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Not the country of her dreams

Emigrants don't get to choose

“What's more, I'm actually still trying for the US and England and then, in peace and comfort, will decide where will be best for me. I'm not very eager to stay in Pal[estine].”


Stella was not thrilled about the idea of living in Palestine. Like her friend, Annemarie Riess, with whom she shared her feelings on December 28th, she had fled to Italy. But as a Jew, she was no longer welcome there, either. According to the fascist regime’s new racial laws, non-native Jews were to leave the country within six months. 2,000 of the 10,000 foreign Jews who had settled down in Italy before 1919 were exempt from the provision. At least Stella had an immigration certificate for Palestine, issued by the Mandatory Government, and at a Tel Aviv clinic, an unpaid position that came with free room and board was waiting for her. Nevertheless, she continued to try to get permission to enter the US or England. Actually, even the offer on an unpaid position was more than many immigrant physicians could expect in Palestine. Since 1936, there was a surplus of physicians in the land, and a new wave of immigration after the annexation of Austria in February 1938 (“Anschluss”) had aggravated the situation even more.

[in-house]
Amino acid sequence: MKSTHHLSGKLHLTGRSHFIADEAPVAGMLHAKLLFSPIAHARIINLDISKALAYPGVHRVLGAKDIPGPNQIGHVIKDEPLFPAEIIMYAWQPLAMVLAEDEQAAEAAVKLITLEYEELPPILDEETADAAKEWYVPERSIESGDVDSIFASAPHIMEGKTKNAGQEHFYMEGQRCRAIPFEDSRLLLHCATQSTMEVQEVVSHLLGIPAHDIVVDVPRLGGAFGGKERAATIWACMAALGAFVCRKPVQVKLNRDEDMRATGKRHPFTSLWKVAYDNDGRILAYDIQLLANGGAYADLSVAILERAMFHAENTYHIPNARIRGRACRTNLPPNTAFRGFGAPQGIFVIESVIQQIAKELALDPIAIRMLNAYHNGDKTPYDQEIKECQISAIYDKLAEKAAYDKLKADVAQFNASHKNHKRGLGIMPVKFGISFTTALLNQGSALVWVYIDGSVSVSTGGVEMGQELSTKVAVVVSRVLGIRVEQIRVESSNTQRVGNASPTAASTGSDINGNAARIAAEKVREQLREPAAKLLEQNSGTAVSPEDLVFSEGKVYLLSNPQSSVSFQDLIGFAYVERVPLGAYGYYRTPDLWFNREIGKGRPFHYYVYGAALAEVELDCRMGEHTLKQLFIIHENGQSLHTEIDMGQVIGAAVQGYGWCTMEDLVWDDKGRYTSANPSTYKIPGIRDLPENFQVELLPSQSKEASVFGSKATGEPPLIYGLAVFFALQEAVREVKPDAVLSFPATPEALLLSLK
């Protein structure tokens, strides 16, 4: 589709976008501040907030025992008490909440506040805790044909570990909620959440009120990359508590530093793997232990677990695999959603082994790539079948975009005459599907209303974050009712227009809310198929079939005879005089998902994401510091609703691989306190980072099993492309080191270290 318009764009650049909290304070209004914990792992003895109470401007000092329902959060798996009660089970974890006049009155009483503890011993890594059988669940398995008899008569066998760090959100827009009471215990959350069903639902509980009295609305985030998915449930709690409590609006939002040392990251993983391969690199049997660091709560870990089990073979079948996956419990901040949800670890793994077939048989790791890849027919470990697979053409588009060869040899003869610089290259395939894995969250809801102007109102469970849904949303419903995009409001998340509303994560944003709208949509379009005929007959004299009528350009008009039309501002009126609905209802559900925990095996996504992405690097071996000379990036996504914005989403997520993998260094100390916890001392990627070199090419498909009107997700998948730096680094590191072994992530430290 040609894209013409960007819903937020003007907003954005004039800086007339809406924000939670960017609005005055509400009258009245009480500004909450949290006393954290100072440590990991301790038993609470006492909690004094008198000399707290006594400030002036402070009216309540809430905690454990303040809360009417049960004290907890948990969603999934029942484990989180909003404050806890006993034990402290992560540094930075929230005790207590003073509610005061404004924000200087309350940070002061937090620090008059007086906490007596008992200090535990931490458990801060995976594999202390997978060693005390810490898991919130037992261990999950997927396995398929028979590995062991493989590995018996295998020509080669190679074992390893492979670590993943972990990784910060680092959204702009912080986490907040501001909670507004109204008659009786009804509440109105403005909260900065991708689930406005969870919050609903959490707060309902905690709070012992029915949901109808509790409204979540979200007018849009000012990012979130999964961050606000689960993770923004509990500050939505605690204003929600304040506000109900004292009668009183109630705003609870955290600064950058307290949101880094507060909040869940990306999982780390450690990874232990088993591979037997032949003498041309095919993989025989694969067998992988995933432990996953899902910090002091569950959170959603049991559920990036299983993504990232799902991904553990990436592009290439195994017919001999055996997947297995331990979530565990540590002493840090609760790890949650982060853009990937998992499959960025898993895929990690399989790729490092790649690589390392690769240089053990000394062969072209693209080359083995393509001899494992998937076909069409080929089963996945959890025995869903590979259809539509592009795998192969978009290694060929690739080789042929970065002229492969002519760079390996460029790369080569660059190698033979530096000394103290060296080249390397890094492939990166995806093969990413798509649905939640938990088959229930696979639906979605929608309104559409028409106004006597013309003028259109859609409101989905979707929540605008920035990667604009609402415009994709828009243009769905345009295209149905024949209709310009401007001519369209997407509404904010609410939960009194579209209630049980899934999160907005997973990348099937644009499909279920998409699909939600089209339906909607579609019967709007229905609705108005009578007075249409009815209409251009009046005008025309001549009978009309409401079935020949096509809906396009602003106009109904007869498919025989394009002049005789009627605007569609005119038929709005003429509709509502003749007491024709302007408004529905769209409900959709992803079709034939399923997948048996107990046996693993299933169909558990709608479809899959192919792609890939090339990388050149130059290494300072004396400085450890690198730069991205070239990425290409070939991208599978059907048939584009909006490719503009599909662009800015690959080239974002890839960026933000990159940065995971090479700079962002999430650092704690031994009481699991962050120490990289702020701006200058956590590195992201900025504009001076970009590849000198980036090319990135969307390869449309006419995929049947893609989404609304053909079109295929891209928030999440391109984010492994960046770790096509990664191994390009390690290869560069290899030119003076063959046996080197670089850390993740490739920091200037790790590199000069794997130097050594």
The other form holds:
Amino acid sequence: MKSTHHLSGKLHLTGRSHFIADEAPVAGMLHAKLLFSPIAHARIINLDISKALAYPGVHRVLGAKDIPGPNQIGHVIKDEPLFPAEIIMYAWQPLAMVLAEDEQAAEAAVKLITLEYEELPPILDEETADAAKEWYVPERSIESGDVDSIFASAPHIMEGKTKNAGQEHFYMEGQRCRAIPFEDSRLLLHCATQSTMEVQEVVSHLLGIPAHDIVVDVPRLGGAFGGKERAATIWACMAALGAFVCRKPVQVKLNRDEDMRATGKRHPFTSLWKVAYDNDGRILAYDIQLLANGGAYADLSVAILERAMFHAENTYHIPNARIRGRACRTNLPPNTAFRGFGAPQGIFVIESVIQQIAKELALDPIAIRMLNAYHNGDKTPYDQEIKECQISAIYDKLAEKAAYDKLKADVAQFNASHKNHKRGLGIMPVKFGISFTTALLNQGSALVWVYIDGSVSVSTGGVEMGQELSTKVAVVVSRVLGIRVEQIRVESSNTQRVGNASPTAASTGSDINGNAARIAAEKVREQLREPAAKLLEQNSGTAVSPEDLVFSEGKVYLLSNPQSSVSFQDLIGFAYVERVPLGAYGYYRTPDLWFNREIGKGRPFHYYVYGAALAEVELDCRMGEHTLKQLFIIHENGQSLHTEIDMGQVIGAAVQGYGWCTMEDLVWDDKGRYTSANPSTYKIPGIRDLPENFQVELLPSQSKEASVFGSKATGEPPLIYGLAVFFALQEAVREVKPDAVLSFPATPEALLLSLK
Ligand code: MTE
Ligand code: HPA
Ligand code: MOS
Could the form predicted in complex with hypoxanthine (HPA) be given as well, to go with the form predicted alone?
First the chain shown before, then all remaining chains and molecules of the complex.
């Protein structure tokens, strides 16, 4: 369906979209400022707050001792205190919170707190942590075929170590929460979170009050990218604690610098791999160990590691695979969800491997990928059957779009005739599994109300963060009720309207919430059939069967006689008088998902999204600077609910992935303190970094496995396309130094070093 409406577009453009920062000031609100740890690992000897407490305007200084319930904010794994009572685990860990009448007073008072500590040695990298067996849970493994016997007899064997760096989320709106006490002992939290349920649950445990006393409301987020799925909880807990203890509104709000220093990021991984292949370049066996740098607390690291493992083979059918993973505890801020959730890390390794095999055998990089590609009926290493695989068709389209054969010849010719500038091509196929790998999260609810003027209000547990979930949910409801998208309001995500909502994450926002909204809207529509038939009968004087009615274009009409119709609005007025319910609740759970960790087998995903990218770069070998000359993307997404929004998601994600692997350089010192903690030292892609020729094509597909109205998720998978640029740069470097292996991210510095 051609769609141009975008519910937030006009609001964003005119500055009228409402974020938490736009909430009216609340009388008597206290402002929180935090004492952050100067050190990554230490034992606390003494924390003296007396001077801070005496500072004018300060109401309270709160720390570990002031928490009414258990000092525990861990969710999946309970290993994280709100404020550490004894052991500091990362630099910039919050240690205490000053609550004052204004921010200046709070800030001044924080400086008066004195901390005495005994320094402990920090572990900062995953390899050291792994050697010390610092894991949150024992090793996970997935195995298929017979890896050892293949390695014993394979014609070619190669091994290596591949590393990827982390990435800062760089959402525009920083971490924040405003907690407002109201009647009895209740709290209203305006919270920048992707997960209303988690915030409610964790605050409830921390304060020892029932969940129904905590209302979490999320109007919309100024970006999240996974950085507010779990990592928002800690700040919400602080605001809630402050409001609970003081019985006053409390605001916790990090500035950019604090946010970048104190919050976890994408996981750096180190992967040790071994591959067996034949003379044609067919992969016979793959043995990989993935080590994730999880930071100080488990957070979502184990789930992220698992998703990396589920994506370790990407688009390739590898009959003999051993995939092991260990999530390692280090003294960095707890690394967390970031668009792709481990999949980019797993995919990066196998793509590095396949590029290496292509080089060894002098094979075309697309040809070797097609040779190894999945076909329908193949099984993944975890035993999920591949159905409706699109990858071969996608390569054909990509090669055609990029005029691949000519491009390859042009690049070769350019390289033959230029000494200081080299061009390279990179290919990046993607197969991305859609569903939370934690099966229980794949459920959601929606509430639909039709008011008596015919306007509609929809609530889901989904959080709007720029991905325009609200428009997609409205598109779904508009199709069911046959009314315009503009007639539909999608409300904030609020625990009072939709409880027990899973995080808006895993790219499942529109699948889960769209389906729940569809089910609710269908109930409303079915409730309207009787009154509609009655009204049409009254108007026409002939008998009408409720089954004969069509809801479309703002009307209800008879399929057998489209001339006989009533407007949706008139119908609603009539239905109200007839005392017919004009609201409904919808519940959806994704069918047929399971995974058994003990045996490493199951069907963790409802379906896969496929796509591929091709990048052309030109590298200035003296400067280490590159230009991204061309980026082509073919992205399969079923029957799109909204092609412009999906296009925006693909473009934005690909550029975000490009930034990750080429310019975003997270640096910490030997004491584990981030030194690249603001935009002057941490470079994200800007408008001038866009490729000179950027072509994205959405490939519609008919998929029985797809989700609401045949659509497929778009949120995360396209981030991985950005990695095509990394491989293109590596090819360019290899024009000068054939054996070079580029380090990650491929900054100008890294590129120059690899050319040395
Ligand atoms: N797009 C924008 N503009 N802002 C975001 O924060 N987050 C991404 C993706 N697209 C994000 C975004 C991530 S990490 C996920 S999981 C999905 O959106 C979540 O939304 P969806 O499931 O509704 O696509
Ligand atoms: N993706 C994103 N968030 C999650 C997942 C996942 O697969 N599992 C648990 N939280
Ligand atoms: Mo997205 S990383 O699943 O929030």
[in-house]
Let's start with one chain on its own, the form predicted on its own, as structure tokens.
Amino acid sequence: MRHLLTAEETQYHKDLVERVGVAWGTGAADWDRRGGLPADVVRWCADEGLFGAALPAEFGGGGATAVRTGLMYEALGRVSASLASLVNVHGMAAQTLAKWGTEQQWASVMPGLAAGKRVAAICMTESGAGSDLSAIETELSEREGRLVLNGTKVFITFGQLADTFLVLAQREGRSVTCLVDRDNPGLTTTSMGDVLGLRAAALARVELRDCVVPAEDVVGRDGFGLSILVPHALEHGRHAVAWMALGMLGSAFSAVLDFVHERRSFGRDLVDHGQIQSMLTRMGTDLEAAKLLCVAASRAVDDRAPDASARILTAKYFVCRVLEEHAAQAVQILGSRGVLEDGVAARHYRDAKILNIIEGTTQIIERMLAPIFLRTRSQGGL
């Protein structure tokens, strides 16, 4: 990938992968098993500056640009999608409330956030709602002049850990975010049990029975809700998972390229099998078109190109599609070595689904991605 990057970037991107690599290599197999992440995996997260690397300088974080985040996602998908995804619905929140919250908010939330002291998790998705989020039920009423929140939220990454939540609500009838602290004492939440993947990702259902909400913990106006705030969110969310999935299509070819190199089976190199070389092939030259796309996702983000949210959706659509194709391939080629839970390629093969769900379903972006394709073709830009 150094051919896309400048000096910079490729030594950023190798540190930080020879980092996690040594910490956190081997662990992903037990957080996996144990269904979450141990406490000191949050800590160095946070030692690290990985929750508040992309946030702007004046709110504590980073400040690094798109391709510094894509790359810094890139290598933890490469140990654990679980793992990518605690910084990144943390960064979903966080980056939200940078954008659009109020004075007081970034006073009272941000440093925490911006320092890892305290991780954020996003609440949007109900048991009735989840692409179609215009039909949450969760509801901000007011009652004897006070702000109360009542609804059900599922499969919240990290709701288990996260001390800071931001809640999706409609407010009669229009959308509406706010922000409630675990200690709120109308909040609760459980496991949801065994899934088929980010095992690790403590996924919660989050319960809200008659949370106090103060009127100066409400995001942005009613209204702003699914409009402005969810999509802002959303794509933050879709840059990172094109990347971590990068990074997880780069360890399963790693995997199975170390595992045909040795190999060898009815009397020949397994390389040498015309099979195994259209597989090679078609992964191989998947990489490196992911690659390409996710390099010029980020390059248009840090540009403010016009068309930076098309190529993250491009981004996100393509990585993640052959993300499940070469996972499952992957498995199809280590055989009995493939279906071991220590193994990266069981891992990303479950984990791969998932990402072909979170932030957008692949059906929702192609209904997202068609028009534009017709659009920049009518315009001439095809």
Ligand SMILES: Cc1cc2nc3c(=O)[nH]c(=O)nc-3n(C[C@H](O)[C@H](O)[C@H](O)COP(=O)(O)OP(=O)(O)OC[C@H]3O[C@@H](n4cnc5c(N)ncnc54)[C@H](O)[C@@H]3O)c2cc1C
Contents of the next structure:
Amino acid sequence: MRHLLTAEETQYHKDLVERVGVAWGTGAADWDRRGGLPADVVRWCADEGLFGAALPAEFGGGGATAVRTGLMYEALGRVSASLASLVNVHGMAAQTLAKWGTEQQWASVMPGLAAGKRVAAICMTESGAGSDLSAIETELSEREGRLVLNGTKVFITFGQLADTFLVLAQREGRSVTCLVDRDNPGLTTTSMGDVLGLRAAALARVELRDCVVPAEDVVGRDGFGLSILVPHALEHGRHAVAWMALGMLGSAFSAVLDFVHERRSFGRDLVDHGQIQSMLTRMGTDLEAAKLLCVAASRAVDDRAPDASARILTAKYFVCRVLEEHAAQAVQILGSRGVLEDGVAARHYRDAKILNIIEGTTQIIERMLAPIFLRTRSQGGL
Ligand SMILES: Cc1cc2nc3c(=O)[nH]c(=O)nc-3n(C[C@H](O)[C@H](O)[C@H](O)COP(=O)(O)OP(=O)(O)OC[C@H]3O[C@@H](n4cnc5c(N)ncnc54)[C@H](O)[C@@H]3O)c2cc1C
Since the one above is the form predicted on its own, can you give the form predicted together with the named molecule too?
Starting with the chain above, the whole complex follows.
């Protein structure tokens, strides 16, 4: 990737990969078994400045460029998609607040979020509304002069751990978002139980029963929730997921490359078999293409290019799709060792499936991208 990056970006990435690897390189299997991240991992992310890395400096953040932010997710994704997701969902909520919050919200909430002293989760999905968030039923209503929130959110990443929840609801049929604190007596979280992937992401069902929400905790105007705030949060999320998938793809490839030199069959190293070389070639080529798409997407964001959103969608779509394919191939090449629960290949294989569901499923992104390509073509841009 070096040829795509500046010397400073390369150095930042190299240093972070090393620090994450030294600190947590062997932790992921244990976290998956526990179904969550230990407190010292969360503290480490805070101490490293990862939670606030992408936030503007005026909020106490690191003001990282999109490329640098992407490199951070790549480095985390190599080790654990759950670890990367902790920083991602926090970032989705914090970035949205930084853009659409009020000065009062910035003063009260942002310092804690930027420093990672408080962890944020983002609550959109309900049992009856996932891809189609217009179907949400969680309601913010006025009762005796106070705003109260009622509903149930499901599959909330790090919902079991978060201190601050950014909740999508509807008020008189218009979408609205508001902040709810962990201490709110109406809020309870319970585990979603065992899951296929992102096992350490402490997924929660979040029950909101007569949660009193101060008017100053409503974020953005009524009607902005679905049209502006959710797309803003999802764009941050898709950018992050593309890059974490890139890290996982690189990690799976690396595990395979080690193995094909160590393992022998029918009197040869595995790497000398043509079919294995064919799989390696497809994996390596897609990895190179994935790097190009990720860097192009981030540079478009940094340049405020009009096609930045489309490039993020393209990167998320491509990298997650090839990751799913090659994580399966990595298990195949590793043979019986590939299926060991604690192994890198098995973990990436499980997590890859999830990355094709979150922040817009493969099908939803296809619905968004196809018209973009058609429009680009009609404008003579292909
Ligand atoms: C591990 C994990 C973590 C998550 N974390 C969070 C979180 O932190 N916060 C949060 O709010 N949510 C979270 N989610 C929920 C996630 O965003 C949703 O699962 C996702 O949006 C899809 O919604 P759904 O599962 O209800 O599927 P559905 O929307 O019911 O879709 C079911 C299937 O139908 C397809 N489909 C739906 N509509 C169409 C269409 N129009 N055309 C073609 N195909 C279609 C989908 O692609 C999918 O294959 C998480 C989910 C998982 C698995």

Leo Baeck Institute – New York | Berlin


Anneliese Riess Collection, AR 10019


Box 1, folder 10


on the days before